Q&A: Cheap Flights, Porn on Planes and Other Travel FAQs

PHOTO: What do you do if the person sitting next to you on the plane is watching porn on his laptop?

From questions about how to find the cheapest airfare to dealing with porn on planes, well, I've heard them all.

These are some of my favorites, and I hope one of my answers will solve a question of your own.

For more travel news and insights view Rick's blog at farecompare.com

Q. What's going on with American Airlines pulling out of cities? Should I worry about the tickets I bought for my summer vacation?

A. No. I'm holding several AA tickets of my own and I'm not concerned in the least. Evidently my fellow travelers weren't concerned either as American reported a 1.4 percent increase in flyers this January compared to January 2011. However, the airline is changing; it is streamlining.

WHAT TO KNOW
  • From questions about 'how to find the cheapest airfare' to dealing with 'porn on planes', well, I've heard them all.
  • These are some of my favorites, and I hope one of my answers will solve a question of your own.

Certainly it was hard to miss the screaming headlines about 13,000 employees facing the axe, and that is terribly sad. For flyers, this'll mean some changes including route cutbacks. American flights out of Burbank will soon disappear, plus the airline's Chicago to Delhi, India, run will soon be cut, among others. This is just a start. At FareCompare, we are constantly updating a list of discontinued AA routes, but note that some of these changes were decided on before bankruptcy came into the picture.

If you have concerns that your route is targeted (and any route could be fair game outside of the biggest cities), don't wait for an email or call from American. Keep up with the news and stay in touch with the airline. They don't want to lose you as a customer especially now and will work with you to get you where you need to go. And this is true if you have concerns about your loyalty miles, too, but we have yet to see a single bankrupt U.S. airline undo any of those coveted programs.

Q. There sure seem to be a lot of airlines shutting down lately. What's going on?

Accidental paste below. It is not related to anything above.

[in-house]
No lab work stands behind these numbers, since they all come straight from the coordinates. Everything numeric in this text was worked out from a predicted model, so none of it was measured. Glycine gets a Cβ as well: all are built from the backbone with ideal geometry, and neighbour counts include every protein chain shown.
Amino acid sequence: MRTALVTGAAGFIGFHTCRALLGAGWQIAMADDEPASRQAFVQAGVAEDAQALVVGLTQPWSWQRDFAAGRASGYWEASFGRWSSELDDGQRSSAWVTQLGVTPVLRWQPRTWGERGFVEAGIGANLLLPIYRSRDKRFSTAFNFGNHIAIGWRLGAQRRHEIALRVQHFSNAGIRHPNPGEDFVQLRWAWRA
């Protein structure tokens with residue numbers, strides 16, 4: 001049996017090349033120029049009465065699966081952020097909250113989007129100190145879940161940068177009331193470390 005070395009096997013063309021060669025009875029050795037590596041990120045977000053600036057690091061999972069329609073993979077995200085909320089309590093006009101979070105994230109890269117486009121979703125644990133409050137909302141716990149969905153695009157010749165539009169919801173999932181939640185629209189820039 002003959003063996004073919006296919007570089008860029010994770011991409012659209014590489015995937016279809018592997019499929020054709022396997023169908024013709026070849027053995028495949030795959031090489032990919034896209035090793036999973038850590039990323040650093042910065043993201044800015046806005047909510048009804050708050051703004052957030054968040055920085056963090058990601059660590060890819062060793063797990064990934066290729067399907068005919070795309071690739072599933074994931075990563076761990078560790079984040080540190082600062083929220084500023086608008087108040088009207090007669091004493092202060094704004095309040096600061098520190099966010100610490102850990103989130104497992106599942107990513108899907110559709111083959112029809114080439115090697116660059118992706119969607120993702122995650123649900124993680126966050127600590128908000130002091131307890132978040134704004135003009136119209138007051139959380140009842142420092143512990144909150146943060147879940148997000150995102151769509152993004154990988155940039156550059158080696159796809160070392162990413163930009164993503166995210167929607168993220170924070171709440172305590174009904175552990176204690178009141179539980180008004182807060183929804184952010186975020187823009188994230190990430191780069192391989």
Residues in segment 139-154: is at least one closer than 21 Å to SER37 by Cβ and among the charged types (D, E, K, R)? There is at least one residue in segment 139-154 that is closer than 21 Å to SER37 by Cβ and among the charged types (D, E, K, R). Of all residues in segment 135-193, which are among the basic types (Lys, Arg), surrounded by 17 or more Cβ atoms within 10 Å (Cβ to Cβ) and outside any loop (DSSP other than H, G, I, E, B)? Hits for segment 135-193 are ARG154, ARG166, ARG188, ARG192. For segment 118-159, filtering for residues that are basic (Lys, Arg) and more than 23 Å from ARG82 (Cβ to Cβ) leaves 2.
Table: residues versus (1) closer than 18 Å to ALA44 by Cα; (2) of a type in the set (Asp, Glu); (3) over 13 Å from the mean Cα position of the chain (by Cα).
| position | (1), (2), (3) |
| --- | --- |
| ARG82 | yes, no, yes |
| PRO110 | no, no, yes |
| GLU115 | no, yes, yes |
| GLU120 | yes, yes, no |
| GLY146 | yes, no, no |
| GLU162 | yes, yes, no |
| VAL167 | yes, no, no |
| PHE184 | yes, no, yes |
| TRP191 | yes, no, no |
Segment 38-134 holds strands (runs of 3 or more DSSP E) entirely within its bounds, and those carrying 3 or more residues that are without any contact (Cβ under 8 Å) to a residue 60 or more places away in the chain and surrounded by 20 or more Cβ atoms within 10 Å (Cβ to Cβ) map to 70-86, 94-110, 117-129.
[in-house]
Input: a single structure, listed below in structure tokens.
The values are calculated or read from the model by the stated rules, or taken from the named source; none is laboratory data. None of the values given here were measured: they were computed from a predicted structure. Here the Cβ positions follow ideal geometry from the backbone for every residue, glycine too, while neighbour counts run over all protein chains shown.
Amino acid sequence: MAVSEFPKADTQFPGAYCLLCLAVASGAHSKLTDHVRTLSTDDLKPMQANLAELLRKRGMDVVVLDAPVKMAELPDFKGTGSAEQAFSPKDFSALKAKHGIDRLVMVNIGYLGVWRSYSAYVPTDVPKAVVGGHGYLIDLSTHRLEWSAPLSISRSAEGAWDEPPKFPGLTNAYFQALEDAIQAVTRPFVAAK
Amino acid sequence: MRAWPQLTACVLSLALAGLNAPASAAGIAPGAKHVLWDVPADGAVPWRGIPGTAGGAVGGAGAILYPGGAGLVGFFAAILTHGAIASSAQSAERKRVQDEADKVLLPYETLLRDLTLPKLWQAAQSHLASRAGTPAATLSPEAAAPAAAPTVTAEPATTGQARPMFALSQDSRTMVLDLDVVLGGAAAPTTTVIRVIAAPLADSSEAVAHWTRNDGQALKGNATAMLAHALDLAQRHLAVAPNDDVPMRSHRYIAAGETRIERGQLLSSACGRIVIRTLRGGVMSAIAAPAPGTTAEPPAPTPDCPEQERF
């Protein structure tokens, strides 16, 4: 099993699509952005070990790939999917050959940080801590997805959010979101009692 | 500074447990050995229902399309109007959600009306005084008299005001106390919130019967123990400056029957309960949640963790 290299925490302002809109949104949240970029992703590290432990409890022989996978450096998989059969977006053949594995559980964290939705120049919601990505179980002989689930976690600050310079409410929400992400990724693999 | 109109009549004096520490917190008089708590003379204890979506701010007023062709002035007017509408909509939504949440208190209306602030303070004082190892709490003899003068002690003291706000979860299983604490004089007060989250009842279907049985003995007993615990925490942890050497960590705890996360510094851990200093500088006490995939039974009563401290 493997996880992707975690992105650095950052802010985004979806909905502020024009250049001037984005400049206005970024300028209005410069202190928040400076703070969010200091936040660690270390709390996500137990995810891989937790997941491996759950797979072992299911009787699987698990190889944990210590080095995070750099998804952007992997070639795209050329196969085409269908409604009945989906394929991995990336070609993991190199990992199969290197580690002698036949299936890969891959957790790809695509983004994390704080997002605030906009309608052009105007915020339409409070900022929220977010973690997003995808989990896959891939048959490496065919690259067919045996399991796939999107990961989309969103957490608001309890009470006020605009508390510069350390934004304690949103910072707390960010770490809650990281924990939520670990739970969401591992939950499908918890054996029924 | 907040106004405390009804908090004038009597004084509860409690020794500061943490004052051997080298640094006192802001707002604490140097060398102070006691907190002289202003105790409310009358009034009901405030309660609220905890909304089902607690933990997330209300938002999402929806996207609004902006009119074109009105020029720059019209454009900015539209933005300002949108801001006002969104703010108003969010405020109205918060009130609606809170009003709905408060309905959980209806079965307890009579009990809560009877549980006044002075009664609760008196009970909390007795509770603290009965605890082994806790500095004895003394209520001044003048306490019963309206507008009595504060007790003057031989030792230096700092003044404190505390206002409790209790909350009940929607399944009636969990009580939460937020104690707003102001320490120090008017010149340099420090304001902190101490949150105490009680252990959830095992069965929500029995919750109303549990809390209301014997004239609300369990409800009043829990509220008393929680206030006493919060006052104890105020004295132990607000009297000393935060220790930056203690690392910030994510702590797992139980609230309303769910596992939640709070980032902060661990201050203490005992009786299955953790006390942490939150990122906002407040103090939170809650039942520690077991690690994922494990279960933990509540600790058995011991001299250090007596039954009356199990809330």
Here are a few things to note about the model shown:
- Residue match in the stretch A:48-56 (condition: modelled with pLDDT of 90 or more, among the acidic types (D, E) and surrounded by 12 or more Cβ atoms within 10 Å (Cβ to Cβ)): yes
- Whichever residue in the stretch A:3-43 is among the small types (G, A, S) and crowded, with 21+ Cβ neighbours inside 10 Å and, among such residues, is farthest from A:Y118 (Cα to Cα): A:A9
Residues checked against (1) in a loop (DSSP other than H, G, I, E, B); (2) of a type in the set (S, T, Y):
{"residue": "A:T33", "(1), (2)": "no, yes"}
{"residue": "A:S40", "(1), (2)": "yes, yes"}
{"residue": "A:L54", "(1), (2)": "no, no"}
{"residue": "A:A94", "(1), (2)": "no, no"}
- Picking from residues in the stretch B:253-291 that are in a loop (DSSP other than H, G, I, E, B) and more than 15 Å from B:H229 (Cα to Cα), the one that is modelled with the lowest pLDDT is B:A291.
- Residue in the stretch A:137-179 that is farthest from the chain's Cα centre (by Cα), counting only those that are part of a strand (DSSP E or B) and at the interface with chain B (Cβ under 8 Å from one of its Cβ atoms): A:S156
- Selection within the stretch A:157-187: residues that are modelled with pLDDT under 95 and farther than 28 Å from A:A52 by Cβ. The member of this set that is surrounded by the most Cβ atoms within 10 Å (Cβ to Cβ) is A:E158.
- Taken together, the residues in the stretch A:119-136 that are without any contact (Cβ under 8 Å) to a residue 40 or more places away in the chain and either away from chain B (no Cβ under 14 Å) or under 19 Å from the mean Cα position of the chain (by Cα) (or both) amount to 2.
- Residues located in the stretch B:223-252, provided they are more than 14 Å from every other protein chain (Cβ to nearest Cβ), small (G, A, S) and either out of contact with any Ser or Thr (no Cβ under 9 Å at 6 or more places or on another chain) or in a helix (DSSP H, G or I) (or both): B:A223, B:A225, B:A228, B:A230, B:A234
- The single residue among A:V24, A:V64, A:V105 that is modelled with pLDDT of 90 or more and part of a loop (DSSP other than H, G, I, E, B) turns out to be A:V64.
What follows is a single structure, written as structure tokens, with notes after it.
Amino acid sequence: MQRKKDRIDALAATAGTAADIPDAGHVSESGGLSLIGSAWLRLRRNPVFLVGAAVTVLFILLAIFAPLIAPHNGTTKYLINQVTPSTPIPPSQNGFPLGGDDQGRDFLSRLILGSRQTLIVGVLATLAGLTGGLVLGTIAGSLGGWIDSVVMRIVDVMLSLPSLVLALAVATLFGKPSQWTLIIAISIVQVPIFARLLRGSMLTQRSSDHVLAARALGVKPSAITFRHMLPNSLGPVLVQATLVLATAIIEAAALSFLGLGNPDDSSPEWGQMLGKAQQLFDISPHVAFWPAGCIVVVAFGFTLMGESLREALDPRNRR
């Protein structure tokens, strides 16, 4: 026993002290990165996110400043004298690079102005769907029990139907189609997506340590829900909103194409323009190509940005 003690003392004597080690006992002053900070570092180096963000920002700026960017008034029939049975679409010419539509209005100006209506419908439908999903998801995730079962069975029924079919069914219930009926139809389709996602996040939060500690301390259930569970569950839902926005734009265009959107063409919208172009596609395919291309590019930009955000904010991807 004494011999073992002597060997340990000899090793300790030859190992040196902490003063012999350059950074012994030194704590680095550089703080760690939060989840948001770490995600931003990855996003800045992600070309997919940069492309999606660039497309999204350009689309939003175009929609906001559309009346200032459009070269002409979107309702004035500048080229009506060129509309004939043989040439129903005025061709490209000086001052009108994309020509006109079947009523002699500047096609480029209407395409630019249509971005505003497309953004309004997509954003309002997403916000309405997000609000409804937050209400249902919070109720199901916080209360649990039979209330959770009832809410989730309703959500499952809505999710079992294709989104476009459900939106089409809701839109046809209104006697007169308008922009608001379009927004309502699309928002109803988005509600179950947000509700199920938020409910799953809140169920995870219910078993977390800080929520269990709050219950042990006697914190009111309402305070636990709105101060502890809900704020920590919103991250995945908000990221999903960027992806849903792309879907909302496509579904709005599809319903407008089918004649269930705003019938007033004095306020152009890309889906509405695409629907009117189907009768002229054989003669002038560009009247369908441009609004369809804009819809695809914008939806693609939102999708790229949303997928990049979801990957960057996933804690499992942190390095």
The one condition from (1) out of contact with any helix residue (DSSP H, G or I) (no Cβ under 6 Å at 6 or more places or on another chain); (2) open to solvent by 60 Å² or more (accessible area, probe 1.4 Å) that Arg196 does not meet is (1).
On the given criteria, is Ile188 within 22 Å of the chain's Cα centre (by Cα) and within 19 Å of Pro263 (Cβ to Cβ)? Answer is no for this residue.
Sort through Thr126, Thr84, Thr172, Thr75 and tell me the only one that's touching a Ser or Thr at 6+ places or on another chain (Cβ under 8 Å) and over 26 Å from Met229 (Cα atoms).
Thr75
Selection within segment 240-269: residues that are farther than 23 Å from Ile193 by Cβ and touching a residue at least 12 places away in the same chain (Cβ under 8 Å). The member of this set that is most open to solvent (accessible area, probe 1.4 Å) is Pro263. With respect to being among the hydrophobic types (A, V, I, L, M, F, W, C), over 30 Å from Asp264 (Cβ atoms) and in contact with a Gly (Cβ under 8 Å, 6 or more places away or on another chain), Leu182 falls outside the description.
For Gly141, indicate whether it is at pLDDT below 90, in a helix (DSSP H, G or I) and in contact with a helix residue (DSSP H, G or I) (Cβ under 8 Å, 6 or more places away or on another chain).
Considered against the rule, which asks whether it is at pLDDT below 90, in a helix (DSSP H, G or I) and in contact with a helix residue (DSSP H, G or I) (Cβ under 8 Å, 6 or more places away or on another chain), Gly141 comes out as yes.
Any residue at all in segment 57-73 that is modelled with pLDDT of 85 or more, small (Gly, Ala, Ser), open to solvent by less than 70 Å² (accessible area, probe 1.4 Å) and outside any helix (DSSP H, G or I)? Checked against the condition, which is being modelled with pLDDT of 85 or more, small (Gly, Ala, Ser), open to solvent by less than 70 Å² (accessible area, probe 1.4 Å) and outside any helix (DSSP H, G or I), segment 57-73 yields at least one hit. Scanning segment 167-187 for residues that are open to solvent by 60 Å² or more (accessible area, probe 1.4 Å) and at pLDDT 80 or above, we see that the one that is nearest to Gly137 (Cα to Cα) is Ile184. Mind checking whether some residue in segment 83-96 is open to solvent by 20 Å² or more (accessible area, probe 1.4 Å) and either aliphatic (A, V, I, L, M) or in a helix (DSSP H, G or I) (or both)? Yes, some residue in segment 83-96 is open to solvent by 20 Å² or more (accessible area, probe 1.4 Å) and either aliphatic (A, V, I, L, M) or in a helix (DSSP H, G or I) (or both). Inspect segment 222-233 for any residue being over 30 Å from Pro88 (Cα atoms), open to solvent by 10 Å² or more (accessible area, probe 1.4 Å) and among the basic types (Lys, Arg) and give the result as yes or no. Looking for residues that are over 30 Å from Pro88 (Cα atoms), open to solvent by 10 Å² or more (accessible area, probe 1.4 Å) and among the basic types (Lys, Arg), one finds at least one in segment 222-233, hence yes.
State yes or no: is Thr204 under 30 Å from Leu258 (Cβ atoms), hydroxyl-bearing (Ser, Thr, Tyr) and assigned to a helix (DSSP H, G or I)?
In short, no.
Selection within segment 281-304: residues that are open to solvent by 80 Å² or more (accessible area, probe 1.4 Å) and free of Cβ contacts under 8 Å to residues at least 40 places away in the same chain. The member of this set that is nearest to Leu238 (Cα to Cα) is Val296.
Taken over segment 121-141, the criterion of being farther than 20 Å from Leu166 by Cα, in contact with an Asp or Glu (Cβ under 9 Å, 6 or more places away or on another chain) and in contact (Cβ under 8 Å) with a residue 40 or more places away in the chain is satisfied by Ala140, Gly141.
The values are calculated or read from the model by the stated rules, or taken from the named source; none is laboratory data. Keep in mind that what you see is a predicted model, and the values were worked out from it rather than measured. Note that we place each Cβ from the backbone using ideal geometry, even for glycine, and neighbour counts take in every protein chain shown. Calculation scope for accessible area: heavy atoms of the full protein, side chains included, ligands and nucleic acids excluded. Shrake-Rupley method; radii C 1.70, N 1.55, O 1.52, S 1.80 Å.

A. What's going on is the high cost of oil coupled with worldwide economic turmoil. It's at least partly why a couple of smallish, financially troubled European carriers could not make a go of it including Spain's Spanair and Hungary's Malev. Do not confuse what happened to these carriers with American's bankruptcy. I expect the U.S. carrier to emerge from the process as a leaner and stronger company with the possibility of a merger partner.

Q. The new airfare advertising rules that force airlines to include all taxes and fees in published prices confuse me. Some think they're great, but some think they stink. What's the truth?

A. The truth is Spirit Airlines is perturbed because they can no longer advertise their iconic $9 airfares since the overall price including taxes and fees is significantly higher than nine bucks.

Other airlines are worried we'll buy fewer tickets when we (subliminally) notice that the previous $59 one-way sale price plastered across airwaves and digital media is now $70. It isn't so much $59 seats taking us where we wanted to go were hard to find. Airlines are more concerned now that we might not even make the effort to get a quote.

Spirit claims the government is forcing them to hide taxes and fees from passengers, but I personally find the new regulations a refreshing dose of transparency. So-called teaser fares did a good job of obscuring the full cost of a ticket and now you know what you'll pay right from the start. Spirit's latest response to all this? A new $2 fee.

I do however agree with the airlines that they are being singled out compared to many other industries which don't have don't have to do an upfront disclosure on whopping taxes - especially on big ticket items - so let's see some full disclosure rules there as well.

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